Exercise should be an integral part of your herniated disc treatment plan. Physical activity preserves the strength and integrity of the supportive muscles and structures around the injury, as well as opening up the injurious region to an influx of oxygen and healing nutrients resulting from increased circulation. While an initial period rest may be recommended or observed, getting moving again is a critical piece of your recovery.
- Focus on the core: conditioning the trunk muscles to act as stabilizers helps remove some of the burden of upper body weight from the spine, especially in the lumbar region.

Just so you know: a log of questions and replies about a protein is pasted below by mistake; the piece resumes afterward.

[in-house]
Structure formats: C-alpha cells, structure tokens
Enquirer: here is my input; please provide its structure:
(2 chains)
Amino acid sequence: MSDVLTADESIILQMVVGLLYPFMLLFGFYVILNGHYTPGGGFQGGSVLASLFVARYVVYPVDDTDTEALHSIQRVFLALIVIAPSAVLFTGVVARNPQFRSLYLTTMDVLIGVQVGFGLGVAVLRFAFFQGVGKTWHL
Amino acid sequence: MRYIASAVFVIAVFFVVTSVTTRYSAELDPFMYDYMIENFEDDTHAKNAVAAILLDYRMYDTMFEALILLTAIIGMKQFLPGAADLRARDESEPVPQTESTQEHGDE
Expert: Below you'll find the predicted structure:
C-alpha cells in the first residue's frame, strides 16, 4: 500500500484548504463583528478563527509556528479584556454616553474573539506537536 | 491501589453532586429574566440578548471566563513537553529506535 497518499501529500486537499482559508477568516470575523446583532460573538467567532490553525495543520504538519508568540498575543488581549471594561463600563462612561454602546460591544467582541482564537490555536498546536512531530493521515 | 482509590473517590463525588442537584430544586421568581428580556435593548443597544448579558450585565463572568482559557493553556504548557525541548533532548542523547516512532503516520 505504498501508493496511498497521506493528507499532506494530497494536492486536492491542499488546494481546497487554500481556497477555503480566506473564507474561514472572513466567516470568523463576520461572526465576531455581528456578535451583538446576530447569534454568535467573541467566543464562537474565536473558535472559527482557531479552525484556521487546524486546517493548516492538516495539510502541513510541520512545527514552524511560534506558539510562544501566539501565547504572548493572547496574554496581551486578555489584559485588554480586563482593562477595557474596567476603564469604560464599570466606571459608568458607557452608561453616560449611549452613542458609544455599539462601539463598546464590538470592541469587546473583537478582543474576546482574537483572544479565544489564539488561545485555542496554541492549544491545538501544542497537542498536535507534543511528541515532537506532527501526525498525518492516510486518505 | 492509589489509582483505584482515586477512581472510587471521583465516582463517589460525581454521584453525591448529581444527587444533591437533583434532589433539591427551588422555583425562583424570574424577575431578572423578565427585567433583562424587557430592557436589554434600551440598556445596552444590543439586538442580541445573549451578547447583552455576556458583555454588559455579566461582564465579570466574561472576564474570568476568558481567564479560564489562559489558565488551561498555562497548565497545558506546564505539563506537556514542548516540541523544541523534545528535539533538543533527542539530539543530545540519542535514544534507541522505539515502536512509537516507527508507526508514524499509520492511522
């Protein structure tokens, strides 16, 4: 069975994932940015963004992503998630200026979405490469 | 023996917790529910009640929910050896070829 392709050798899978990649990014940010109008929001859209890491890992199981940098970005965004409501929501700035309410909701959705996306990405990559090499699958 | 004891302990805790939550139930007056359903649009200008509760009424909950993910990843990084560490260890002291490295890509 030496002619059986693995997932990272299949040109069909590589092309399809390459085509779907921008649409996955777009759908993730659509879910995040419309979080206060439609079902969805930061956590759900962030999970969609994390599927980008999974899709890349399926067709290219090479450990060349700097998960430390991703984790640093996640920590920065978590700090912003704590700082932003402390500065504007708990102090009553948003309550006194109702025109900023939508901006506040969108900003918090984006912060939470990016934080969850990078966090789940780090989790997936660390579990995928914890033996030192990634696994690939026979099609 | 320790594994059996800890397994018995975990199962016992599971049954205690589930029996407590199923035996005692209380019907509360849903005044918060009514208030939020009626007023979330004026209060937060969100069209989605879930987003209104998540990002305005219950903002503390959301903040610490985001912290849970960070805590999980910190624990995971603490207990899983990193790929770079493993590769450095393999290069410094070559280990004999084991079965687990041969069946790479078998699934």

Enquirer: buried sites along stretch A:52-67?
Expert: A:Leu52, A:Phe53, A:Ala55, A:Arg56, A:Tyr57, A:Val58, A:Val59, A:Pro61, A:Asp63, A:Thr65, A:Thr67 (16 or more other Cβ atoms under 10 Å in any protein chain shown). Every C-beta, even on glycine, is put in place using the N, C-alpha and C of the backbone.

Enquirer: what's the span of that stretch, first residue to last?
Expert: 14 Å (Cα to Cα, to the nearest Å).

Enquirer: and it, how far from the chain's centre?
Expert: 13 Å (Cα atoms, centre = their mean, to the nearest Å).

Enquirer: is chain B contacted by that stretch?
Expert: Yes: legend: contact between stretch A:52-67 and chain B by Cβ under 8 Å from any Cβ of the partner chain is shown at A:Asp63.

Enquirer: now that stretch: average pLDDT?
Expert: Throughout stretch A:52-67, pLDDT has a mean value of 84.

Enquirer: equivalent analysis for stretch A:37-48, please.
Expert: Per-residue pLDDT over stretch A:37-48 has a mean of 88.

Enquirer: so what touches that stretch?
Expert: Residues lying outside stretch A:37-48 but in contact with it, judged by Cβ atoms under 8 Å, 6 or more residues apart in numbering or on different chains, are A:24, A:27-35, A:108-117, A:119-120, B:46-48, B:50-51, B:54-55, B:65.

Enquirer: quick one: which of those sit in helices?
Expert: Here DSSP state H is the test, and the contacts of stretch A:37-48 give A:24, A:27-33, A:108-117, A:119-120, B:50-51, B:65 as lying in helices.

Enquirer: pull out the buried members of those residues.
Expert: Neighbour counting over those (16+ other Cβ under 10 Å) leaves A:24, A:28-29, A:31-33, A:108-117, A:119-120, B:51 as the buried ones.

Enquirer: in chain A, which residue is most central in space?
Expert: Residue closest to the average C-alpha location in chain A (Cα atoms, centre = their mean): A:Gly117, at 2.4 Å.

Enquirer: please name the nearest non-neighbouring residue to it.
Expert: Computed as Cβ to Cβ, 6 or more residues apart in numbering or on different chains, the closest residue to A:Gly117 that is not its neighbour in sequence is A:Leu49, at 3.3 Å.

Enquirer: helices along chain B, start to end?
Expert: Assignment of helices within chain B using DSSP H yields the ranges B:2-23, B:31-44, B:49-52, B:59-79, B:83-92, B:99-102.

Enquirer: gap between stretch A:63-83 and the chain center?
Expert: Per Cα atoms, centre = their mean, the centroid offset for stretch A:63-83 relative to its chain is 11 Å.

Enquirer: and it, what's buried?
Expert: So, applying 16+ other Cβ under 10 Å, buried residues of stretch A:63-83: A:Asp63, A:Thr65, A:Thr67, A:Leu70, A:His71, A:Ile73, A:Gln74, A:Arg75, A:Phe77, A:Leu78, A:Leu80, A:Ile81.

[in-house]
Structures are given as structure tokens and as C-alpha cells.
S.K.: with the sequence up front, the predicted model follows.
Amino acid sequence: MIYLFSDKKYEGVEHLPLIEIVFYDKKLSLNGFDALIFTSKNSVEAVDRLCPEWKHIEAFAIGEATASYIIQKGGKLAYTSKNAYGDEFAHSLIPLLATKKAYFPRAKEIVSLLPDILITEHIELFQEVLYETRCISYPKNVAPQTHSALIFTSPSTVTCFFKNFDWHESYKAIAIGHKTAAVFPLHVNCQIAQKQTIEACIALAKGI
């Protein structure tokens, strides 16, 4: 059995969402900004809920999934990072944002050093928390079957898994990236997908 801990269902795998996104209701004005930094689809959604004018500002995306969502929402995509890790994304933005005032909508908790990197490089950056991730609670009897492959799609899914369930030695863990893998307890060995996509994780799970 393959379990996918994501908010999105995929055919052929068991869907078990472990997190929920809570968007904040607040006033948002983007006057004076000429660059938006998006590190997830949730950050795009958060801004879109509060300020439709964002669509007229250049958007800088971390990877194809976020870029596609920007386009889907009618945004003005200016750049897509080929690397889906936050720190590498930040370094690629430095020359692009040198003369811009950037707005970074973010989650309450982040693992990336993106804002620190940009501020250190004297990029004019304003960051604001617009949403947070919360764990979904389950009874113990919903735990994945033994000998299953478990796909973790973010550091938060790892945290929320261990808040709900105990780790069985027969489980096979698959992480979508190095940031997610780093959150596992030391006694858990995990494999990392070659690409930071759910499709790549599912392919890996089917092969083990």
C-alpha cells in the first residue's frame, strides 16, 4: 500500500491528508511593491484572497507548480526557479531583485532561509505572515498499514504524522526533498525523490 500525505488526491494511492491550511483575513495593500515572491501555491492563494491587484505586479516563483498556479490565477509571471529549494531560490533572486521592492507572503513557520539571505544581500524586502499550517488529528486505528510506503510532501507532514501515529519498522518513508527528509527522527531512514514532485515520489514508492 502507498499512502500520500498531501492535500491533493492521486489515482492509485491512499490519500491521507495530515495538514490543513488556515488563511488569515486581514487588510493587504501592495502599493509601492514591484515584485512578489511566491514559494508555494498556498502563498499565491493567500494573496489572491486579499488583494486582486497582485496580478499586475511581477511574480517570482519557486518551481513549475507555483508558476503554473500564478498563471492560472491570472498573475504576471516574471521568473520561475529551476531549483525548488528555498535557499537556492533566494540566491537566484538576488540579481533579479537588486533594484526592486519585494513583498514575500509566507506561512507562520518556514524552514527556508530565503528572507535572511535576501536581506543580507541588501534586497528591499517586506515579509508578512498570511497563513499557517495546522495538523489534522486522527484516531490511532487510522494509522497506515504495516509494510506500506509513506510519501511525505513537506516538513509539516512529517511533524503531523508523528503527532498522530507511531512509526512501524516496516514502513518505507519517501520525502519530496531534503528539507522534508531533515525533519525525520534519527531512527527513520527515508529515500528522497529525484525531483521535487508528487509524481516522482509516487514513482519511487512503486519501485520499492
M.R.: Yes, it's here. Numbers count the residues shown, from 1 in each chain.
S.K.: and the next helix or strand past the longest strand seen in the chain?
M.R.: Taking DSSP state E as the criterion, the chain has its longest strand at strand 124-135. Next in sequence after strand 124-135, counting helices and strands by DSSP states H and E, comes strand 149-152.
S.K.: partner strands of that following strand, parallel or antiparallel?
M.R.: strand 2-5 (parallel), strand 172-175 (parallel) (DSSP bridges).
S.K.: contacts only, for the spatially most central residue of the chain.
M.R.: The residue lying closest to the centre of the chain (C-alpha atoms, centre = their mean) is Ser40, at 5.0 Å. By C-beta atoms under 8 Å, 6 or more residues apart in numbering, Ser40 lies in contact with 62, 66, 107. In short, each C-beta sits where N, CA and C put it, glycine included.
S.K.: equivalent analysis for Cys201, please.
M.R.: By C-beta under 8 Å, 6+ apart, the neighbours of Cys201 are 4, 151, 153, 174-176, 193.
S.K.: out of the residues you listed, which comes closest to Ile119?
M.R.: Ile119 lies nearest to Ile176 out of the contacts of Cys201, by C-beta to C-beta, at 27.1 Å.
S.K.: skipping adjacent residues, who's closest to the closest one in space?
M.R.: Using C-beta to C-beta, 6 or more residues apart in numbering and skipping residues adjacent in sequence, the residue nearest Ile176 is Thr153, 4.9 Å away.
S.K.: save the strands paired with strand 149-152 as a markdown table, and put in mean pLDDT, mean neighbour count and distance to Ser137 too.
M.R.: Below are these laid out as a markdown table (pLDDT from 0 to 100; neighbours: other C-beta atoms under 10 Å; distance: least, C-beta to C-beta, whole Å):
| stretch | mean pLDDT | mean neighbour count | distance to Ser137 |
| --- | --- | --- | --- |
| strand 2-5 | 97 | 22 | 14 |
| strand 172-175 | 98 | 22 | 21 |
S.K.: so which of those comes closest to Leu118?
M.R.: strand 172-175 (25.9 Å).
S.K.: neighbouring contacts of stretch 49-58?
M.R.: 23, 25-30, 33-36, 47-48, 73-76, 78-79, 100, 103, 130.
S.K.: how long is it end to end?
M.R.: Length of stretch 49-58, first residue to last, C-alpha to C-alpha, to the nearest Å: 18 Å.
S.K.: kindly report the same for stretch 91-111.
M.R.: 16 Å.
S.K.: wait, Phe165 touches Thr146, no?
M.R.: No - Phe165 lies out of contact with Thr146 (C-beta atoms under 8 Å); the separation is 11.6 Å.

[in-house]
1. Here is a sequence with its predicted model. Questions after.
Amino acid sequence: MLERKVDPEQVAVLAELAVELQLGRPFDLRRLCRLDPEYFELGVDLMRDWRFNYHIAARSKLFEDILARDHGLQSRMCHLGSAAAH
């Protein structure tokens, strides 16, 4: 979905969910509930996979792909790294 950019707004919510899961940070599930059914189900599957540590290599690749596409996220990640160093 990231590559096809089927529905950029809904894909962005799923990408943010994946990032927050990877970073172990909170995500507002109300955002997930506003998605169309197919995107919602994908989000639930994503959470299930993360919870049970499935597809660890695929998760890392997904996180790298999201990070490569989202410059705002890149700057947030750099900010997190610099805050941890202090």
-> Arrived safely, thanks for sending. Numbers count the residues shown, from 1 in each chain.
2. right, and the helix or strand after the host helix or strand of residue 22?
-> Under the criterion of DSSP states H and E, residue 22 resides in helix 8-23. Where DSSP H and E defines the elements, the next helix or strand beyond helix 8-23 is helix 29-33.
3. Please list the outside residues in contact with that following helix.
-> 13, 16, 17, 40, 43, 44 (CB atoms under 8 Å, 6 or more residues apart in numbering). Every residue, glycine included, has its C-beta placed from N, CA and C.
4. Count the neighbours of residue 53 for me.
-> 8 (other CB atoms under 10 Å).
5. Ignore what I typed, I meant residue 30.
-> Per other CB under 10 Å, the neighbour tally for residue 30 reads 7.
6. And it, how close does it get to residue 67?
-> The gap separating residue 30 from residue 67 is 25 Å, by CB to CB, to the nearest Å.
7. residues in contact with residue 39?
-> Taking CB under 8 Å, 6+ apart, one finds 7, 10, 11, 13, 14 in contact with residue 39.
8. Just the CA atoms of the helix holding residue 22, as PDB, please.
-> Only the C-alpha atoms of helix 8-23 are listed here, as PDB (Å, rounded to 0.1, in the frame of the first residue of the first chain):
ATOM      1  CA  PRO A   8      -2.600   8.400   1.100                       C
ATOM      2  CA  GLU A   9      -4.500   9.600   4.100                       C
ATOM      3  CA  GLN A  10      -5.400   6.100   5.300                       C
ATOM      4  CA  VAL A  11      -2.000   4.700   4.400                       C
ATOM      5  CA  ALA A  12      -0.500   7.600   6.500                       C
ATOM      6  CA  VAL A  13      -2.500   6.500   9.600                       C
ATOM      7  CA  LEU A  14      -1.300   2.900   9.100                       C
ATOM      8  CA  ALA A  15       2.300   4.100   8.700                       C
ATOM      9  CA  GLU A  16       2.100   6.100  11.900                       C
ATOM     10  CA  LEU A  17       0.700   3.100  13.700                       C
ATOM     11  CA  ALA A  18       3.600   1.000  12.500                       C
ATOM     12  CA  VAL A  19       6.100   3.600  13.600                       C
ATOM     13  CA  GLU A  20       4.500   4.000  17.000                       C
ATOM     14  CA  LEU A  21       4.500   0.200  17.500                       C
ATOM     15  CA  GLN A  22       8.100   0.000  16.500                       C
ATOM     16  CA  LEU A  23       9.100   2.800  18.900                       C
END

- Losing weight: every ounce counts. The best way to prevent injury is to maintain a healthy body weight so that the spine is not carrying around excess pounds. The odds are already stacked against our spines; keeping weight down is one of the few things we can do to preserve our spines into old age.
- Refocus and redefine normal activity: don't think, "intense," but rather, "simple:" Low-impact aerobic exercise like walking and swimming should have priority rather than heavy weight lifting sessions and long runs.
A good target is 30 minutes a day, 5 days a week. Whether this means walking, swimming, yoga or pilates, is dependent upon the individual and their injury. At Holmes Chiropractic, we can help you devise a master plan for healing your herniated disc.
Dr. Randall Holmes, D.C.